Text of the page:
About this Guide
Michigan Virtual™ and the Michigan Virtual Learning Research Institute® (MVLRI®) have produced the Teacher Guide to Online Learning to support those new to teaching online. It is based on two Michigan Virtual courses: the first an orientation course for iEducators (new teachers who are recent graduates of Michigan teacher preparation programs who have been selected for a two-year digital learning teaching assignment with Michigan Virtual); and the second a Professional Learning Services course for online facilitators.
This guide is one of a family of Guides to Online Learning that detail the world of online learning from the perspective of the people integral to creating a positive learning experience. Each guide outlines key definitions, research and resources, and practical strategies that paint a picture of what kind of preparations and support systems are necessary to ensure students succeed in their online courses.
The Teacher Guide to Online Learning would not have been possible without the guidance and valuable contributions from many experienced and dedicated professionals in the field of K-12 online learning. Special thanks to Michigan Virtual’s Student Learning leadership and the many authors of Michigan Virtual’s iEducator course and Professional Learning online learning facilitation course whose expertise and experience helped direct the structure of this guide. Michigan Virtual lead instructors and other staff as well provided valuable feedback during the review of this resource.
We are especially indebted to the members of the Virtual Learning Leadership Alliance (VLLA) who contributed their time, attitudes, artifacts, and expertise through personal interviews, group discussions, and written responses that were used to bring this guide alive through voices from the field. Specifically, we would like to recognize and thank the following online teachers for their contributions: Carrie Madden and Mallory Kirkland (Georgia Virtual School); Robert Selzler (Idaho Digital Learning); Kristen Koch, Annette Gleason, and Adam Knapp (Michigan Virtual); Caitlyn Skinner and Jenny Lovering (Montana Digital Academy); and Annette Walaszek and Jon Oestrich (Wisconsin Virtual School). Additionally, special thanks to Dana Breed (Stevens Point), Erik Hanson (Appleton eSchool), Dawn Nordine (Wisconsin Virtual School), David Parr (Arise Virtual Academy), Janean Ranis (Cameron), and Dan Tenuta (Kenosha eSchool), and members of the Wisconsin eSchool Network and Wisconsin Digital Learning Collaborative (WDLC) for their valuable contributions to the teacher guide. Lastly, many thanks to MVLRI fellow, Rebecca Parks, for gathering and selecting quotes and original content from the interviews she conducted with our experts: the teachers who are teaching online learners in Michigan and across the country.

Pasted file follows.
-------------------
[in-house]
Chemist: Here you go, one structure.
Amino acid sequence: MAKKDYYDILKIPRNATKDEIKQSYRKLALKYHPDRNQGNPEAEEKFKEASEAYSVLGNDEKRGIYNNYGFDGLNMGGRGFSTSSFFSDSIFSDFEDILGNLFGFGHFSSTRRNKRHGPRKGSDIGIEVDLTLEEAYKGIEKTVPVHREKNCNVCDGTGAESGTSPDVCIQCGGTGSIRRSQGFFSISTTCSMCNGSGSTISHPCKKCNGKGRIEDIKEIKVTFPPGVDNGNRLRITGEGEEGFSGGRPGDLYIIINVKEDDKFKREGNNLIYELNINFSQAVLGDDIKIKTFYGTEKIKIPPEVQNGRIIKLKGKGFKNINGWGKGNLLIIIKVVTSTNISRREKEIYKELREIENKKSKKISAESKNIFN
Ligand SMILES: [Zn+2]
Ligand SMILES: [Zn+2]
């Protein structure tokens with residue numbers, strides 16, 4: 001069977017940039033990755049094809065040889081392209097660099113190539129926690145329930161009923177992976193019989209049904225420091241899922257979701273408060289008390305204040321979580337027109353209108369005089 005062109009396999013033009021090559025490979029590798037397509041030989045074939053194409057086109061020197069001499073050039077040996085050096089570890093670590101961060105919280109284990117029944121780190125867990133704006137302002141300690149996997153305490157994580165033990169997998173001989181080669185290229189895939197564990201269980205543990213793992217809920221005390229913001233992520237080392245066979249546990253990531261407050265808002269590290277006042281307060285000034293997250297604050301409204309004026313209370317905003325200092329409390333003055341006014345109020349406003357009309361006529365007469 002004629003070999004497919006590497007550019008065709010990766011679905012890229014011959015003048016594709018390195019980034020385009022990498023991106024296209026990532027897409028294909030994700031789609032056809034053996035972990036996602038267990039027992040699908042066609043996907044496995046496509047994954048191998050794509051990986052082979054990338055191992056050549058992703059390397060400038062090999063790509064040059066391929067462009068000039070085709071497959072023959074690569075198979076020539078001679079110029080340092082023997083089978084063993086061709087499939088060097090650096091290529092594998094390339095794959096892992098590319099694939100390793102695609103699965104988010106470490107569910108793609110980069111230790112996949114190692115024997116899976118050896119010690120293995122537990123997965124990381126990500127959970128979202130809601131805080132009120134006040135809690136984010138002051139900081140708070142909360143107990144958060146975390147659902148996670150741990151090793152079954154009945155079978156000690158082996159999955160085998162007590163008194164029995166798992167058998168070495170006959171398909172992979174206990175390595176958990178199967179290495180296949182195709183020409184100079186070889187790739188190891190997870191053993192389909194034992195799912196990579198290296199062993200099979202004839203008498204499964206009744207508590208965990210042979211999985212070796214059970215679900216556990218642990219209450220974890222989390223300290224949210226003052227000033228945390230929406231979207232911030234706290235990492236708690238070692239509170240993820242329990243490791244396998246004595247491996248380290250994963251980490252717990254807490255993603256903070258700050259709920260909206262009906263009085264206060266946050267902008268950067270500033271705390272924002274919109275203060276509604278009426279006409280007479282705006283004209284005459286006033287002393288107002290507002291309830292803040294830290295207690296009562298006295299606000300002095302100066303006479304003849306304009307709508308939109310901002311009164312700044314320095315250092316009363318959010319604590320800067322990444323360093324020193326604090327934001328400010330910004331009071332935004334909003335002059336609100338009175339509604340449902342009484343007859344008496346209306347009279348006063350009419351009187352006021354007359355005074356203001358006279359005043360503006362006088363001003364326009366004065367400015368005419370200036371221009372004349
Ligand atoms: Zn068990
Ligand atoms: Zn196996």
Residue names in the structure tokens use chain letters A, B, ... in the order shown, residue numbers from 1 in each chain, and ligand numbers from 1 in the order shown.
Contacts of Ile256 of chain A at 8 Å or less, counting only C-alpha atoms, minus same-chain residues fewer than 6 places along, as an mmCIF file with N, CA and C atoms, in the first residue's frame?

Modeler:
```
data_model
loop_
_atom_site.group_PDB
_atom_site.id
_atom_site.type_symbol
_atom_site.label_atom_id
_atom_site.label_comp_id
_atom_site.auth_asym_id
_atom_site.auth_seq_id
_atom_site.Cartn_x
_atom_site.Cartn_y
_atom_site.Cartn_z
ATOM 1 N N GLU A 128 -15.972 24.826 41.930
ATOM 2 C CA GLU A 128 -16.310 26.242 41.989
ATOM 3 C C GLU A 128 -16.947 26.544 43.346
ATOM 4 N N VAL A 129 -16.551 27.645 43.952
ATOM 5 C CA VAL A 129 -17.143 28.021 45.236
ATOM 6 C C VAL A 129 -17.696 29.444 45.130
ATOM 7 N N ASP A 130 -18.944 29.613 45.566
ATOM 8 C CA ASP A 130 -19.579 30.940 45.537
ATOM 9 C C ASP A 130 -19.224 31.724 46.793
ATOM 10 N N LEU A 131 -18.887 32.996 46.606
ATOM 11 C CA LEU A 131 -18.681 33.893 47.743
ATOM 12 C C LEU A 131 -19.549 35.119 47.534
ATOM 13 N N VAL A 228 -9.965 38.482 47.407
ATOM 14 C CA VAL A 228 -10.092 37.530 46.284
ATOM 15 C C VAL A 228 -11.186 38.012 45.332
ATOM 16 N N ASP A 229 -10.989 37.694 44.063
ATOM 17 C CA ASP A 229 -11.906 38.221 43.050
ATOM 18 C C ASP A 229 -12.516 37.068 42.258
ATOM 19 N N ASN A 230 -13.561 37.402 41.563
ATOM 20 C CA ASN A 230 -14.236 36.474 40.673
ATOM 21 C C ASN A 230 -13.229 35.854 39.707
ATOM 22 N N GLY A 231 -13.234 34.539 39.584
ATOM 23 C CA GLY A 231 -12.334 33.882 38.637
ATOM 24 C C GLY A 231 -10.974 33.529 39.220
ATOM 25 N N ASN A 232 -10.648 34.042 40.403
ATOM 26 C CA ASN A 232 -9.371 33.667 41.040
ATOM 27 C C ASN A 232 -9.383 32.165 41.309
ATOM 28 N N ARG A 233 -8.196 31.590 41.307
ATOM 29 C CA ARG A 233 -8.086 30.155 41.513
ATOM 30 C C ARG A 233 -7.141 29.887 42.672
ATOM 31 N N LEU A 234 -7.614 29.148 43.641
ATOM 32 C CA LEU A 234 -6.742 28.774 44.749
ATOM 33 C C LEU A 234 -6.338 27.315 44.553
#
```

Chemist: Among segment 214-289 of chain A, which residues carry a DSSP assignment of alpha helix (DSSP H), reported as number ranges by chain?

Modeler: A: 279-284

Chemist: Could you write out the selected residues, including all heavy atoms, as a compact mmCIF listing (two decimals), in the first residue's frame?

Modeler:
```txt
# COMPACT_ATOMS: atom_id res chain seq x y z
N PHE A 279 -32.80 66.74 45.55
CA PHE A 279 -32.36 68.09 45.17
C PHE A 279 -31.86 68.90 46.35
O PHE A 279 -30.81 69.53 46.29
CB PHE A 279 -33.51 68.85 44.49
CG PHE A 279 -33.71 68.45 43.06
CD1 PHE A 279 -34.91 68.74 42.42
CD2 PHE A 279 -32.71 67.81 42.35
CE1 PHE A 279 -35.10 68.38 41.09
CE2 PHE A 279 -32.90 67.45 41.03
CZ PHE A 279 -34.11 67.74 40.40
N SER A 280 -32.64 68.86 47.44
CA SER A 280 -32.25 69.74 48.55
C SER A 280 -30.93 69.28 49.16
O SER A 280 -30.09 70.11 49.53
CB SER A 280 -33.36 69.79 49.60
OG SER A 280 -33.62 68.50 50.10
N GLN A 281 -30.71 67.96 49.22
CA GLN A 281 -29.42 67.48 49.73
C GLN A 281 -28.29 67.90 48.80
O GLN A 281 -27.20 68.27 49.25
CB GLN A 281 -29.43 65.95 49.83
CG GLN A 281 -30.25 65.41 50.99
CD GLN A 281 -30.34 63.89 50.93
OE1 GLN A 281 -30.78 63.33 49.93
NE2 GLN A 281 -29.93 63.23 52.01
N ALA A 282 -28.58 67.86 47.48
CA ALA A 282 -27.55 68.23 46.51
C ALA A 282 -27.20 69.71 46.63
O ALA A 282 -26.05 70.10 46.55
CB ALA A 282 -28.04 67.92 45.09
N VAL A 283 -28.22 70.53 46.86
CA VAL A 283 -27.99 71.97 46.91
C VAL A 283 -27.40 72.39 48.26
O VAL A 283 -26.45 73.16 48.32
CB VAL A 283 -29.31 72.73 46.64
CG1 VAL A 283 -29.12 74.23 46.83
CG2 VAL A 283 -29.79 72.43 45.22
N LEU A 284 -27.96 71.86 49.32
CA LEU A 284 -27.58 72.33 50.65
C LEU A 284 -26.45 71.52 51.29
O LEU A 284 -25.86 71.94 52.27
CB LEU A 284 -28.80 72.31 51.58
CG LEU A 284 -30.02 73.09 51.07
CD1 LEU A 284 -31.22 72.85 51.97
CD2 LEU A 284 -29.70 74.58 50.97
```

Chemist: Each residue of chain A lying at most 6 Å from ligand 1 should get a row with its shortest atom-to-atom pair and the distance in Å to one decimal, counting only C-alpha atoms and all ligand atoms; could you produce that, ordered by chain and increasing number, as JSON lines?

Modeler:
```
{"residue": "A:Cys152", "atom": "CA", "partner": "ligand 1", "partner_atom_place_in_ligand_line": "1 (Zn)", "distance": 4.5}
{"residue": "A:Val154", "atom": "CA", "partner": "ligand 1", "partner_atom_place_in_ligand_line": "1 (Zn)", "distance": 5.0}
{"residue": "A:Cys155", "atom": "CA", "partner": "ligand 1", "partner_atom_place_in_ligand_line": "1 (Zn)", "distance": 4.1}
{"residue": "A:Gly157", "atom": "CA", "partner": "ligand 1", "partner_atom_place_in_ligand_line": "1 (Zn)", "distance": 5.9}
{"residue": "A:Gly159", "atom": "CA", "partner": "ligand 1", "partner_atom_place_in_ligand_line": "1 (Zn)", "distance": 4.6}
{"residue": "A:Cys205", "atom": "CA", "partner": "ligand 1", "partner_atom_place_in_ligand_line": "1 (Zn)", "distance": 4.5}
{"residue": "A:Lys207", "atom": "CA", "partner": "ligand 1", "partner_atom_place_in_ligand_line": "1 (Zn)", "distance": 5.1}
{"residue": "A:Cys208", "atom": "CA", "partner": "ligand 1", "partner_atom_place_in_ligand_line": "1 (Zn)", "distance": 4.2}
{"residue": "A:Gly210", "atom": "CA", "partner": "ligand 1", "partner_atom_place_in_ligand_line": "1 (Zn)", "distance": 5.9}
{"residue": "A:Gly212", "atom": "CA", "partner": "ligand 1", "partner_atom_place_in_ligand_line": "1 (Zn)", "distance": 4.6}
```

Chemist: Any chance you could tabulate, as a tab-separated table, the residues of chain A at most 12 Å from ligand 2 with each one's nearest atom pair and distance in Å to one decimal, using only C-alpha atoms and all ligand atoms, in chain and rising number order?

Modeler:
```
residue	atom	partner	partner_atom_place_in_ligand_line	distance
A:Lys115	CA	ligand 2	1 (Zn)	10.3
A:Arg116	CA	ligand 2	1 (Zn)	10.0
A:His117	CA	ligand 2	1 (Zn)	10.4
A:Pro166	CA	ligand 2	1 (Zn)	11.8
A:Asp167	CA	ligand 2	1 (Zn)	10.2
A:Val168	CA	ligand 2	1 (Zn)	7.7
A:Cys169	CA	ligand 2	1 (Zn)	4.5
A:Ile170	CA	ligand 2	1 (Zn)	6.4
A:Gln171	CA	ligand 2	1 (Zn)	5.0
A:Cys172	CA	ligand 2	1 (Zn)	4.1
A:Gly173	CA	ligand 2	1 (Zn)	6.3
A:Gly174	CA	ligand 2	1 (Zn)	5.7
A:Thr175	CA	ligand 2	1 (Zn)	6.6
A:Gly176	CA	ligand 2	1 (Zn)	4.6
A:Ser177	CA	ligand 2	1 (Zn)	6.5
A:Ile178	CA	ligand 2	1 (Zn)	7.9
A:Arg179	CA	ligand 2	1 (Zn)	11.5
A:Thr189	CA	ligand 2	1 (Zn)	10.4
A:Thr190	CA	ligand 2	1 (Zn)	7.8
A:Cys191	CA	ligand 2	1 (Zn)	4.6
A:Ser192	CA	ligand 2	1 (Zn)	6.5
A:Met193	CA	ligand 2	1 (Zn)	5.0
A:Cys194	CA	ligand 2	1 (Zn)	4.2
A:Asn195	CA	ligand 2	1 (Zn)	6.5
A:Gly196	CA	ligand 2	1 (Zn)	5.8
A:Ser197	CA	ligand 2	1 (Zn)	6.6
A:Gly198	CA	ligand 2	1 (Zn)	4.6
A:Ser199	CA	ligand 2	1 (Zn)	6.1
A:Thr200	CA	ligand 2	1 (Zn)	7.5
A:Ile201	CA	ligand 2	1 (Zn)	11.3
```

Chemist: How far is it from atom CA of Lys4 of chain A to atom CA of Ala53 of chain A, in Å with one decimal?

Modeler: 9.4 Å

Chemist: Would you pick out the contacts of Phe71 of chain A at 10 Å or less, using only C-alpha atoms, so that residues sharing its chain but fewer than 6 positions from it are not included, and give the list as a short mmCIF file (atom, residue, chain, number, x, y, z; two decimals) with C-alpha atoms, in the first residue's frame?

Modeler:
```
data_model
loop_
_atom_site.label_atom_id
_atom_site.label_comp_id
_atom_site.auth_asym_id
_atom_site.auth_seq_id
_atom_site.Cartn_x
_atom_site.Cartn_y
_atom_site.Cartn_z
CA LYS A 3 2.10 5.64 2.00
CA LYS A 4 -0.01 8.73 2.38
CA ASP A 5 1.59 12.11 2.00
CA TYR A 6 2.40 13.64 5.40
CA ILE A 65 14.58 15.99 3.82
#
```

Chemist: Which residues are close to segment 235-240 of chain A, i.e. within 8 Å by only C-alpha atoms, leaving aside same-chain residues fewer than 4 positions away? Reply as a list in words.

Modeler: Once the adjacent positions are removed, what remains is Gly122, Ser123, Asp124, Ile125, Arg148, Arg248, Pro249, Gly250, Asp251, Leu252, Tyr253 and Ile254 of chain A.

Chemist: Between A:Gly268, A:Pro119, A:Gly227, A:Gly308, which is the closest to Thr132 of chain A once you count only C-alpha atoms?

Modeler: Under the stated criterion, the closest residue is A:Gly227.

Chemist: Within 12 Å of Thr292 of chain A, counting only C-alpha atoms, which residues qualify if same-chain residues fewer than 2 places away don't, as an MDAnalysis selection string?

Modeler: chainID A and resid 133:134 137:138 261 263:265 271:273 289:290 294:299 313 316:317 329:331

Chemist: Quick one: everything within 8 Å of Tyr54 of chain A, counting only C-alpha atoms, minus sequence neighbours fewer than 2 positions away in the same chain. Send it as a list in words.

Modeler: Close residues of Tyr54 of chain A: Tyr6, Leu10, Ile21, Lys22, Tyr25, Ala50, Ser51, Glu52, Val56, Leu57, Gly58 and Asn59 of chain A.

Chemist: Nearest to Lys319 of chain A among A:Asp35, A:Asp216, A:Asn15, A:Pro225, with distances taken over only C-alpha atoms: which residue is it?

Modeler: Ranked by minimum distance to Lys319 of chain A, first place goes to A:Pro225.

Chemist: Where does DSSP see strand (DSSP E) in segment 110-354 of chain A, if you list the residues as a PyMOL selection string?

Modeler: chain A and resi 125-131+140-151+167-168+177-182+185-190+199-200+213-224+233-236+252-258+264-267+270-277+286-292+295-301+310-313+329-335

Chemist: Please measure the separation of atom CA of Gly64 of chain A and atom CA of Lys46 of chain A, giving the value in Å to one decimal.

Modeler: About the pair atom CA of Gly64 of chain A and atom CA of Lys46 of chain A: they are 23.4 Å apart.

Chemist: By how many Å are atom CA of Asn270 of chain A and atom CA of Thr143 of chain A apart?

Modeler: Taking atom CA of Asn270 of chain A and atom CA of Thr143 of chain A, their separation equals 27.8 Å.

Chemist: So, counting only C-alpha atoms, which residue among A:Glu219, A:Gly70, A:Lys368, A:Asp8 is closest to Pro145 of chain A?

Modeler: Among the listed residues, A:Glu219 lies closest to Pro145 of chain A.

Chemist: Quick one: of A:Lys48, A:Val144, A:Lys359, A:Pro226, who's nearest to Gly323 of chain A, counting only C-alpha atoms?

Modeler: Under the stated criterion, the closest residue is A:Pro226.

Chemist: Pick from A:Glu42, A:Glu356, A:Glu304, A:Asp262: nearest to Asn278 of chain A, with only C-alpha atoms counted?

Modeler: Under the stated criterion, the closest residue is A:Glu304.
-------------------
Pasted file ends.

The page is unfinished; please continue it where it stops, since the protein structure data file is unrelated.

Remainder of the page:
What is Online Learning and How Does It Work?
A Working Definition of Online Learning
The Aurora Institute (formerly the International Association for K-12 Online Learning) describes online learning this way in its publication A National Primer on K-12 Online Learning 2nd Edition:
Online learning is characterized by a structured learning environment, to enhance and expand educational opportunities, providing instruction that is teacher-led, and may be synchronous (communication in which participants interact in the same time space such as videoconferencing) or asynchronous (communication that is separated by time such as email or online discussion forums), and accessed from multiple settings (in school and/or out of school buildings).